Price changes during the day are better. All merchandise supervisors are usually working an 7 a.m. - 4 p.m. shift - to better handle customers and merchandise. Then, they can do their own price changes. Of course - this is when the customer load is the greatest - so very little gets done other than "can you help me find this in a smaller size in green." So the work defaults to overnight. After three or four days, price changes are considered "overdue" and the department is flagged in the computer. At which point, the co-manager or store manager will have a "chat" with the department manager or overnight managers. But the problem is never really solved because there is never enough help.
Scanning laws. Some states do actually have scanning laws. The state I work in is not one of them. A fact that seems to drive people irrationally insane is that scanning integrity laws are not a national thing. One man once screamed at the assistant manager on duty, demanded that she sign his receipt and said that he'd be back in the morning with a lawyer. Still waiting dude ...
Official Wal-Mart policy is that we're supposed to do a price override, reason code 1, which gives the customer the item for free if it is under $3.00 and $3.00 off if the item is priced more than $3.00. The reason code 1 also sends an immediate message to the department manager to go check the shelf label for that item. Of course, they have to be on the clock AND have a working handheld computer in front of them.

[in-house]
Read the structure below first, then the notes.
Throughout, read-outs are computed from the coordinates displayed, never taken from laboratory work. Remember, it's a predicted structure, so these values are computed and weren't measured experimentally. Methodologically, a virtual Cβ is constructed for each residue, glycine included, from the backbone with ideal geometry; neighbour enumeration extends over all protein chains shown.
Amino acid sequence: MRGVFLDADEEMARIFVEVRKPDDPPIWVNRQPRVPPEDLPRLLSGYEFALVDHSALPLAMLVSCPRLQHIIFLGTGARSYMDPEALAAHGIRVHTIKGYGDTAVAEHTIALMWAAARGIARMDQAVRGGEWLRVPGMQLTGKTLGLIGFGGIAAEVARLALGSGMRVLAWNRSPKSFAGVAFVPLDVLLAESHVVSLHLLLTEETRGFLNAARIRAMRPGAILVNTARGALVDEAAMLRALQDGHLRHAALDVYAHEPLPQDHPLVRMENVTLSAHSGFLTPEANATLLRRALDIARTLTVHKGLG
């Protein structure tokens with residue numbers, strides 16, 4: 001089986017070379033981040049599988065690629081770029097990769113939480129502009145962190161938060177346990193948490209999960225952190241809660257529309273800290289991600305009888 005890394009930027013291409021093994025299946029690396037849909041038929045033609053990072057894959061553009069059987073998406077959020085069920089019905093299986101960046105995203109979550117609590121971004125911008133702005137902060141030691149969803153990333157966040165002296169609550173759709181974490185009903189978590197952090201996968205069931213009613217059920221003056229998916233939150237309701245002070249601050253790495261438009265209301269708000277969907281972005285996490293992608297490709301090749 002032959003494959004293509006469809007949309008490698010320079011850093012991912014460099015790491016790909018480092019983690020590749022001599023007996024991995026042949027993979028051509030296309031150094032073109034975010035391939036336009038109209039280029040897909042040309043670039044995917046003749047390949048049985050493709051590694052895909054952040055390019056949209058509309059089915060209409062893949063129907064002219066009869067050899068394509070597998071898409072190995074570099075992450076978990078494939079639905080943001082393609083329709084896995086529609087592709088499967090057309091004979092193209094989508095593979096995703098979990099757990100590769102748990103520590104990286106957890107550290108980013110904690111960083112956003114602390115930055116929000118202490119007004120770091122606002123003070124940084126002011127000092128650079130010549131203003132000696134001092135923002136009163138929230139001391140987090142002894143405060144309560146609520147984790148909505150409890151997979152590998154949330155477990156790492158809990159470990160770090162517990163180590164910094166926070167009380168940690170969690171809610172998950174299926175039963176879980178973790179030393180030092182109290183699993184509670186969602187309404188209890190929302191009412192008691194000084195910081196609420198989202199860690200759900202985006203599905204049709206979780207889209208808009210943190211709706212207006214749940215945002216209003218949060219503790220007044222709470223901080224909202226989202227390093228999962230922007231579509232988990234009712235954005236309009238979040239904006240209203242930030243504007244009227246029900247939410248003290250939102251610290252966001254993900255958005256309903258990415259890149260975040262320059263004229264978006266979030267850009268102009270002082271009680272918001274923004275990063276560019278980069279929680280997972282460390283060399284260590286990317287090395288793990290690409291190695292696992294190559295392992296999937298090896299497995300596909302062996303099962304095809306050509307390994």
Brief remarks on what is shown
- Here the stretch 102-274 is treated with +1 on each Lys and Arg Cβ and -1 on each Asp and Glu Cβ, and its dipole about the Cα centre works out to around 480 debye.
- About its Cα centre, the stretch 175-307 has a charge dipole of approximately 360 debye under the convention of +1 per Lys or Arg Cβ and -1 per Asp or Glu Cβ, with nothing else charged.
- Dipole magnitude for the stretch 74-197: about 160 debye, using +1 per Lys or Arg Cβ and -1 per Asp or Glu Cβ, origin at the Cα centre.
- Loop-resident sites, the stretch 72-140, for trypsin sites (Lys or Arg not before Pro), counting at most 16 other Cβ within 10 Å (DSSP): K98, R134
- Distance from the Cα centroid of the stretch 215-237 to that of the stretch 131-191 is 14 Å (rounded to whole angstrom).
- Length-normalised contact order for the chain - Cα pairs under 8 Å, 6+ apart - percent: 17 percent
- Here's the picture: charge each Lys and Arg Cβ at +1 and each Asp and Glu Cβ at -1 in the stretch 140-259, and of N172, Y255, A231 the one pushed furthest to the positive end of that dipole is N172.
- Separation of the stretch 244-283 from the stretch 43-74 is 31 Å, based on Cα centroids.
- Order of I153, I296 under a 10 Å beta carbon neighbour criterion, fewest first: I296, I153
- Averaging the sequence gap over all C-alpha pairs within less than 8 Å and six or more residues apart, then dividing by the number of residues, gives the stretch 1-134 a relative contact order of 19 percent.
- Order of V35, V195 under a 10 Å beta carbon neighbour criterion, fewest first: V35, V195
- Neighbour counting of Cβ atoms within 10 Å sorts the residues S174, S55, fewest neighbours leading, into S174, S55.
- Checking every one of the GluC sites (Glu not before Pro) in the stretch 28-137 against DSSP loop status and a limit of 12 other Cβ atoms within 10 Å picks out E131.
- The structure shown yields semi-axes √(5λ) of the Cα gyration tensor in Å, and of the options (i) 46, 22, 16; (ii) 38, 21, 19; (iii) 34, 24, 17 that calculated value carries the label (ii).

Personally, I think a scanning integrity law may actually force Wal-Mart to change the way it approaches price changes. At the very least it would mean more attention being paid to the issue.
Price changes are not supposed to be such a problem. There exists, on paper, the solution to this mess. Wal-Mart has, on the books, positions for what it calls the "modular team" - modulars being the Wal-Mart word for merchandise displays - shelves, pricing points, etc.
When the store opened, we actually had a "modular team." When I worked the 3 p.m. - midnight shift, I met two of the girls who worked in the hardlines area. What the modular team is SUPPOSED to do is work price changes and also change out displays that need altering.
Imagine that - train people to change the prices - then let them do it while the store is quiet. Train them to switch out displays - then let them do it while there are few shoppers in the store. It is how modern business is supposed to work, no?
Well, that never did work. Because Wal-mart is unable or unwilling to hire enough help, the two girls on the modular team were put to work stocking. One told me that she never actually did any price changes before she quit two weeks later after nearly breaking her leg on a pallet of cosmetics.
So you see, the solution is there. Wal-Mart just won't utilize it - because it believes that it can have cake, ice cream and a soda - and get double helpings too. It is the same logic that has the fitting room attendant serving as the telephone operator. Fewer people doing more work.
This is the Wal-Mart line of thought: Overnight stockers are going to do price changes - because they put new merchandise out. We don't really care if they don't know how to speak English or operate the handheld computers. We'll take care of that. And when the details slip through the cracks, it's not really Wal-Mart that pays the price - its the customers.
And what has Wal-Mart gained? The two cents on every can of cat food that you didn't check your receipt for. The salaries of that non-existent modular team that still exists on paper but won't be hired. And the ability to keep slinging that "Everyday Low Prices" slogan.